Have you ever heard of letterboxing?
It’s so much fun, it’s free, and it’s great for a family activity during any season that’s not freezing cold. For us, that’s 3/4 of the year, but we really only get to do it in the summer for the most part because that’s when we have time to do things.
Things that aren’t school and work things.
I first heard of letterboxing so long ago, I don’t even know if we had all three kids yet. I read about it in Family Fun Magazine. I don’t get that magazine any longer and I can only imagine all the amazing ideas I’ve missed, but I used to love it. I credit all our letterboxing fun to the article I read in Family Fun.
I remember reading the article and saying to Don, “When our kids are bigger, I want to do this,” and I never forgot it. In 2008 we began our letterboxing adventures. Alexandra, our youngest, was three.
You’re probably saying, “Get to the point! What IS letterboxing???” I take the long way around sometimes, when I tell a story.
Okay. Here’s what it is and here’s how you do it:
All around the world, literally, people are hiding these little boxes in secret places and uploading the clues to help you find them, online.
I kid you not.
It’s like a giant treasure hunt, really.
Here’s what you need to get started:
*A notebook of some kind (Mine is super fancy because I’m crafty and I actually have notebooks like this just hanging around in my office. However, it can be a simple composition book.)
*A rubber stamp (some people make their own. I used a Stampin’ Up! stamp of a globe. I thought it appropriate.)
*An ink pad
*Something in which to store all those things. I used to use a gallon ziploc bag. Then I used a big manilla folder. Now they’re in an expandable file I found in my office. That’s the most durable thing I’ve used so far.
Now here’s what you have to do:
1) Visit this website for Letterboxing North America (assuming that’s where you live).
2) Click on the state you want to explore. Click on the area of the state. Ours is set up by counties.
3) Check out the list of letterboxes in that area and pick some to print out. I read the clues first to see if it says the last time the box was found or if it’s missing, or if the terrain is notable in any way, such as rough or rocky or easy.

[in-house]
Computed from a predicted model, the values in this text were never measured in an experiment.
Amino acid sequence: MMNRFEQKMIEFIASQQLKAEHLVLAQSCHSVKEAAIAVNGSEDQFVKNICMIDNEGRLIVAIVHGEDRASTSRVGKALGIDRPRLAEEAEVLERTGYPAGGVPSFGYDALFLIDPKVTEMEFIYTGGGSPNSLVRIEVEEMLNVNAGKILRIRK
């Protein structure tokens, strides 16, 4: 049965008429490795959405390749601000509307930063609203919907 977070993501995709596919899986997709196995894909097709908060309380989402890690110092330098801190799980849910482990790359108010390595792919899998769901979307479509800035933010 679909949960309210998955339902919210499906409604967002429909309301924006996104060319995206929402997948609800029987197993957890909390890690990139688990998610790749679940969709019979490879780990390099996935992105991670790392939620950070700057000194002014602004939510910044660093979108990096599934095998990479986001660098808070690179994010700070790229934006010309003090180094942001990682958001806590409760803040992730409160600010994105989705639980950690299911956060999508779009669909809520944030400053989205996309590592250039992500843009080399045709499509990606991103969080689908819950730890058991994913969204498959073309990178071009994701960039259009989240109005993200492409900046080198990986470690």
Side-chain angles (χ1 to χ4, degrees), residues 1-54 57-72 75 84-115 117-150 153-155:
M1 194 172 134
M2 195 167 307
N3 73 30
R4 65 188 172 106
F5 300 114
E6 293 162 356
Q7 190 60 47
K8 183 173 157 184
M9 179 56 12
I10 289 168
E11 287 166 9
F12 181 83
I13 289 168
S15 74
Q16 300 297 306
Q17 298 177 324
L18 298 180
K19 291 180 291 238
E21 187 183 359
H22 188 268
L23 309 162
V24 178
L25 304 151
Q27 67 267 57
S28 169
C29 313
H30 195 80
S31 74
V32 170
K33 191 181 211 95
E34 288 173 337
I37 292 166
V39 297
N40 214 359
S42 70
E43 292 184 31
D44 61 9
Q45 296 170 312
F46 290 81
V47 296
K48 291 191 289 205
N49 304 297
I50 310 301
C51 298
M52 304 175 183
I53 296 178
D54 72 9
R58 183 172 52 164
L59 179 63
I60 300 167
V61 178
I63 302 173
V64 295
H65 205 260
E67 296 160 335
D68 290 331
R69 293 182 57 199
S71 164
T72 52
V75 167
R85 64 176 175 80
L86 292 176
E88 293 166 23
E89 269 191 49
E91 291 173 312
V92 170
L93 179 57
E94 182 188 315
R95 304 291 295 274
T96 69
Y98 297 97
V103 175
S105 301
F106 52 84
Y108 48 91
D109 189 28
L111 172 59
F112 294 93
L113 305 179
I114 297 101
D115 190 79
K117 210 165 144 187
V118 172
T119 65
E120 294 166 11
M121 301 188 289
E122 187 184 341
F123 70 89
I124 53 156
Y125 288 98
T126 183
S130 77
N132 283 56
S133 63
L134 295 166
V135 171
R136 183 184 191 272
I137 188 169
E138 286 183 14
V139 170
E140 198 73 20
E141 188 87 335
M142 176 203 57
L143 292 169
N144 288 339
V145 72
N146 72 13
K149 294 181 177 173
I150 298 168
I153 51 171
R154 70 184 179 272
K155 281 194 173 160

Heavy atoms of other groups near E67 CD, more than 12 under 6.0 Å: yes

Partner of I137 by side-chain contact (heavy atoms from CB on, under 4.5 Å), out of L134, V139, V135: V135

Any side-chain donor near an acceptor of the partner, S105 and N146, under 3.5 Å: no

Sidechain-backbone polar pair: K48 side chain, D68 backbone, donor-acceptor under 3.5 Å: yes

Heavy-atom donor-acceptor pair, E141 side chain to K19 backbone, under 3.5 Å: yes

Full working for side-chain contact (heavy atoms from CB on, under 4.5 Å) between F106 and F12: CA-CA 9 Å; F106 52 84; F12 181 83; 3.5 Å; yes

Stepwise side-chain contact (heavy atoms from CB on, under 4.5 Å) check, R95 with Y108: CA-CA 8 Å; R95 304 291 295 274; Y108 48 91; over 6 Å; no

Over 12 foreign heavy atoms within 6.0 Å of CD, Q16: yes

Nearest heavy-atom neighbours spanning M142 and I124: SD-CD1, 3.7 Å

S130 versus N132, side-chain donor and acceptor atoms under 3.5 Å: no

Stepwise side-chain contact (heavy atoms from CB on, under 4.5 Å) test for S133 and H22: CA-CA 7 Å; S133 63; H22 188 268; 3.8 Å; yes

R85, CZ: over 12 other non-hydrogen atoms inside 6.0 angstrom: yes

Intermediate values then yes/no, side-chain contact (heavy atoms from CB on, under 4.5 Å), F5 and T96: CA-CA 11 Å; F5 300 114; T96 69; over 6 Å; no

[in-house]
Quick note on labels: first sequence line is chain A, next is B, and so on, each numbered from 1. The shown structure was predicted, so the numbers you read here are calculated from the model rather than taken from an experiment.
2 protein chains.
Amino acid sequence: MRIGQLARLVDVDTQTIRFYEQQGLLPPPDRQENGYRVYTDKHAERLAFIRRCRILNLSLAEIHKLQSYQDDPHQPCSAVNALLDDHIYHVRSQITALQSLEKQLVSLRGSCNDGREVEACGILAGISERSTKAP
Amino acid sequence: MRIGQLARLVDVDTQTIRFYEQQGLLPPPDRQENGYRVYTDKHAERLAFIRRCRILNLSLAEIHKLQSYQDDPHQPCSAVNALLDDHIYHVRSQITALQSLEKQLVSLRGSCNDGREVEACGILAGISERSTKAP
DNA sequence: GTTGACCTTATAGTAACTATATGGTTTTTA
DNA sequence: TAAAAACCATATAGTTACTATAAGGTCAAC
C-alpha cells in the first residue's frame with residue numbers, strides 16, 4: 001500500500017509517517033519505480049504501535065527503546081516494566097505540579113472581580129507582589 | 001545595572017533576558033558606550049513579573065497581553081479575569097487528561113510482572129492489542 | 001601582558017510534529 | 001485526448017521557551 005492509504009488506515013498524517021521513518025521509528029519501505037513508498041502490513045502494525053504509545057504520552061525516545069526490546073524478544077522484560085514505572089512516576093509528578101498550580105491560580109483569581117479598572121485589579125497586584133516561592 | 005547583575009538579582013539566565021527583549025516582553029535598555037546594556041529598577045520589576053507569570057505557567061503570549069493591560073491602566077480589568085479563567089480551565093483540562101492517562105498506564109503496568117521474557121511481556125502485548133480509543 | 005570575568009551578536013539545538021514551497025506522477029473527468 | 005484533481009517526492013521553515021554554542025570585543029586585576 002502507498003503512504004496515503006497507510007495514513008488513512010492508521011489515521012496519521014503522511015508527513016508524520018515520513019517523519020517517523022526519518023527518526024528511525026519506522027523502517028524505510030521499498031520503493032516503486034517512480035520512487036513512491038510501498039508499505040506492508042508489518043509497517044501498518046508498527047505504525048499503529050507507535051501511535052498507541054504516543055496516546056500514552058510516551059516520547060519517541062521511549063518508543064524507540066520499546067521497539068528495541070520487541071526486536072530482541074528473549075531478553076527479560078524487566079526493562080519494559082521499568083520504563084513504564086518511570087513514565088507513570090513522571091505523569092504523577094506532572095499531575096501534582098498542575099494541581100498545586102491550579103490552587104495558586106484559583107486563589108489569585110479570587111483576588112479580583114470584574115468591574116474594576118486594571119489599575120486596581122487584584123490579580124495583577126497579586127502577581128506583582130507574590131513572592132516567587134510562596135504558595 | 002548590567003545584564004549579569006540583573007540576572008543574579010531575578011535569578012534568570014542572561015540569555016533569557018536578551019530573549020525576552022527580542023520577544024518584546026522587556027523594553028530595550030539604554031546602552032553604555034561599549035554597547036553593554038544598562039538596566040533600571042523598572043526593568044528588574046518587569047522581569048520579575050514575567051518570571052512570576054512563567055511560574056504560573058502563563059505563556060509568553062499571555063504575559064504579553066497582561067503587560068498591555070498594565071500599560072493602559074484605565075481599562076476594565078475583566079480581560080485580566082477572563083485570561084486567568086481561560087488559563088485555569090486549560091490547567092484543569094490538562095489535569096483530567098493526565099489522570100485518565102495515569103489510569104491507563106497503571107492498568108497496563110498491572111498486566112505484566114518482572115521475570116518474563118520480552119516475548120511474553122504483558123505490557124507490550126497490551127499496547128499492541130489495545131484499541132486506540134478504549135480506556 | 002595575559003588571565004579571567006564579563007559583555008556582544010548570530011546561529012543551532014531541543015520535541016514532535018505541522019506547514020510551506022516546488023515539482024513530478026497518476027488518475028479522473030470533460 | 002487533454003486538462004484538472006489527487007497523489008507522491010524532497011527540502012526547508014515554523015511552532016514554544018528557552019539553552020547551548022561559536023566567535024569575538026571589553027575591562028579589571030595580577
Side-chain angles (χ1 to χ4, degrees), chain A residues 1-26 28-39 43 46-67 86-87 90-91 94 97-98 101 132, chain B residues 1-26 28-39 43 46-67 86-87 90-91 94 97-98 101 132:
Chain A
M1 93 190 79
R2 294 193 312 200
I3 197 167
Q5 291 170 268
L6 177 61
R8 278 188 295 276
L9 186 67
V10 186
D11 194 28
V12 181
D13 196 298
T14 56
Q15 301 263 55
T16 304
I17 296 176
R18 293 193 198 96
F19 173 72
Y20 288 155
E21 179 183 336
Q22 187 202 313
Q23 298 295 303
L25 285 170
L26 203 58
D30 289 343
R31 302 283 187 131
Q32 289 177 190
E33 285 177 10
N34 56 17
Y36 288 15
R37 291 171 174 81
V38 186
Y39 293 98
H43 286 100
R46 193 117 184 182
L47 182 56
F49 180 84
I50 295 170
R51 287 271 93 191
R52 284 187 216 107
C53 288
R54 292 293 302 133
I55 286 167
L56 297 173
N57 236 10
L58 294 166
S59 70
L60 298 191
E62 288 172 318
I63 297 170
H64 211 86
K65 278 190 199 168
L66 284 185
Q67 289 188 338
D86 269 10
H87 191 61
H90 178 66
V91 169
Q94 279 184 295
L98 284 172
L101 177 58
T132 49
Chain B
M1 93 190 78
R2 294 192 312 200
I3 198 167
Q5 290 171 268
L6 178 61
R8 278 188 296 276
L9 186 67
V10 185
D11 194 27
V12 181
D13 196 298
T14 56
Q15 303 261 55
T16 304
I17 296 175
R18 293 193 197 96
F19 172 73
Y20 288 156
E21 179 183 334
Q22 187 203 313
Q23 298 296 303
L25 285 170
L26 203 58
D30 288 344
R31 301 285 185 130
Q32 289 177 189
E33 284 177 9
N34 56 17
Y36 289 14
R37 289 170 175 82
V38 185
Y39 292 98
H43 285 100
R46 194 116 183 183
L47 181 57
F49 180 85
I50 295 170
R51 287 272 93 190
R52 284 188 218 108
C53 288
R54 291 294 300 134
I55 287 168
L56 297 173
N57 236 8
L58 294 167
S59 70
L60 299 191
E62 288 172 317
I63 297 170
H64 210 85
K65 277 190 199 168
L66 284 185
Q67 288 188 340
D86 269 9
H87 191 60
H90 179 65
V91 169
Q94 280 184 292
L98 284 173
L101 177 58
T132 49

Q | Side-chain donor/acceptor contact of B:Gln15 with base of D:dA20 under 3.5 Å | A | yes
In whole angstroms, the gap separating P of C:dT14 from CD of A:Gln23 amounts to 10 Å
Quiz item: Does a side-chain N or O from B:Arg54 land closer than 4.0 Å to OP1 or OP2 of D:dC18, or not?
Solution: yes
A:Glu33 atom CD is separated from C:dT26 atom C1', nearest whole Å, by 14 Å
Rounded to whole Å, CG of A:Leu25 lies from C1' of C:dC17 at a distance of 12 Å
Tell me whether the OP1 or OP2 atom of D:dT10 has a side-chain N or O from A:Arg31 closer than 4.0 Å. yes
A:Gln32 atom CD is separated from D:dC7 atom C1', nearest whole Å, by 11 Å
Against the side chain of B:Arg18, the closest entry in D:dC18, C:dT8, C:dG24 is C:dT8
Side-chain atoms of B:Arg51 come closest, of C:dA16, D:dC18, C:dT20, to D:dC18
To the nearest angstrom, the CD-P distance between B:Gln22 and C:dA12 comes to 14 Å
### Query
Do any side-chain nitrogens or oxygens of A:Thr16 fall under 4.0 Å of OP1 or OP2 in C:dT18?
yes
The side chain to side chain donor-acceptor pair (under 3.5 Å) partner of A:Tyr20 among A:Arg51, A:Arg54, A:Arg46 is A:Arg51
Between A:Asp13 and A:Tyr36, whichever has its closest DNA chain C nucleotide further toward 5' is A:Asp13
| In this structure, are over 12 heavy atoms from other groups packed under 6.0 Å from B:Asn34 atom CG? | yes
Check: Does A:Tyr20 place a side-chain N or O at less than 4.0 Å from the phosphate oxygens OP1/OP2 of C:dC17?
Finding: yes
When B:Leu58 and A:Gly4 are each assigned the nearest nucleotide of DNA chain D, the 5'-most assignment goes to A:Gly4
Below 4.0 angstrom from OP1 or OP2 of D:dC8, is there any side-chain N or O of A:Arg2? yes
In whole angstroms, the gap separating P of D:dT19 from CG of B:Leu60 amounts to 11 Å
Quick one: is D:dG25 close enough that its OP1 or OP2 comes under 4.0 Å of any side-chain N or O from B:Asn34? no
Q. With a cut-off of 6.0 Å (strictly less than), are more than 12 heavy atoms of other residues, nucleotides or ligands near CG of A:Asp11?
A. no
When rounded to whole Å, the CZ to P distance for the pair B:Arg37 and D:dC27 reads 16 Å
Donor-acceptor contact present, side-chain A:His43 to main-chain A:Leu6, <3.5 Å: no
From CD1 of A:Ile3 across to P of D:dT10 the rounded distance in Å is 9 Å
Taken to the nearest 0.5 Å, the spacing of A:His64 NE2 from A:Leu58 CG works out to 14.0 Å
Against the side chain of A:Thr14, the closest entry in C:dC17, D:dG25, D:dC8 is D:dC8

4) Print out the clues for the boxes you want to look for. We started with boxes right in our own city to get the hang of it, and then expanded to nearby cities and now we do them even if we’re traveling on vacation and think we’ll have a chance to look for a letterbox.
Now you take your clues and go.
1) You park your car where they tell you to, and start following the clues until you reach the hiding spot where they say the box is. We told our kids right off the bat that sometimes the boxes are missing or we won’t find them, just so they wouldn’t be so disappointed if that happened, but it’s not been the norm for us.. Usually we find them.
2) When you get to the hiding place you find the box. It’s usually a tupperware type of plastic box. Open the box. Find their stamp, ink and notebook.
3) You stamp your stamp into their notebook and we like to leave a little note with the date and our last name, so they know at least when the most recent one was found. We sometimes will look back to see how long the boxes have been hidden in that spot.
4) Then you take their stamp and their ink (or use your ink if needbe) and stamp their stamp into your notebook. Put the date and where you are so that you too, can look back in the future and see all the places you’ve explored and found letterboxes, and how long you’ve been doing it.
5) Put all their stuff back in their box and REHIDE the box. Don’t just leave it out there in the open. Put it back where you found it and cover it back up as it was so that the next person can find it.
That’s it! Done! Fun times!!
We have not only found some neat letterboxes, but we’ve found some incredible spots, gorgeous places that we never knew existed in our own state. We’ve also explored some neat historic places both in our state and in other states, where we’ve found letterboxes.
Letterboxing makes a day trip double the fun.
Some state parks have a series of letterboxes in them, sometimes three or four of them. You can spend the day hiking through the park and finding them.
A few things to keep in mind:
Dress appropriately. Sneakers work better than flip flops, for example.
Sunscreen, snacks, water, tissues and band-aids are all good things to bring with you. You never know what you’ll need but those basics have served us well.
Next time you’re looking for a fun, active way to spend the day together with your family, give letterboxing a try!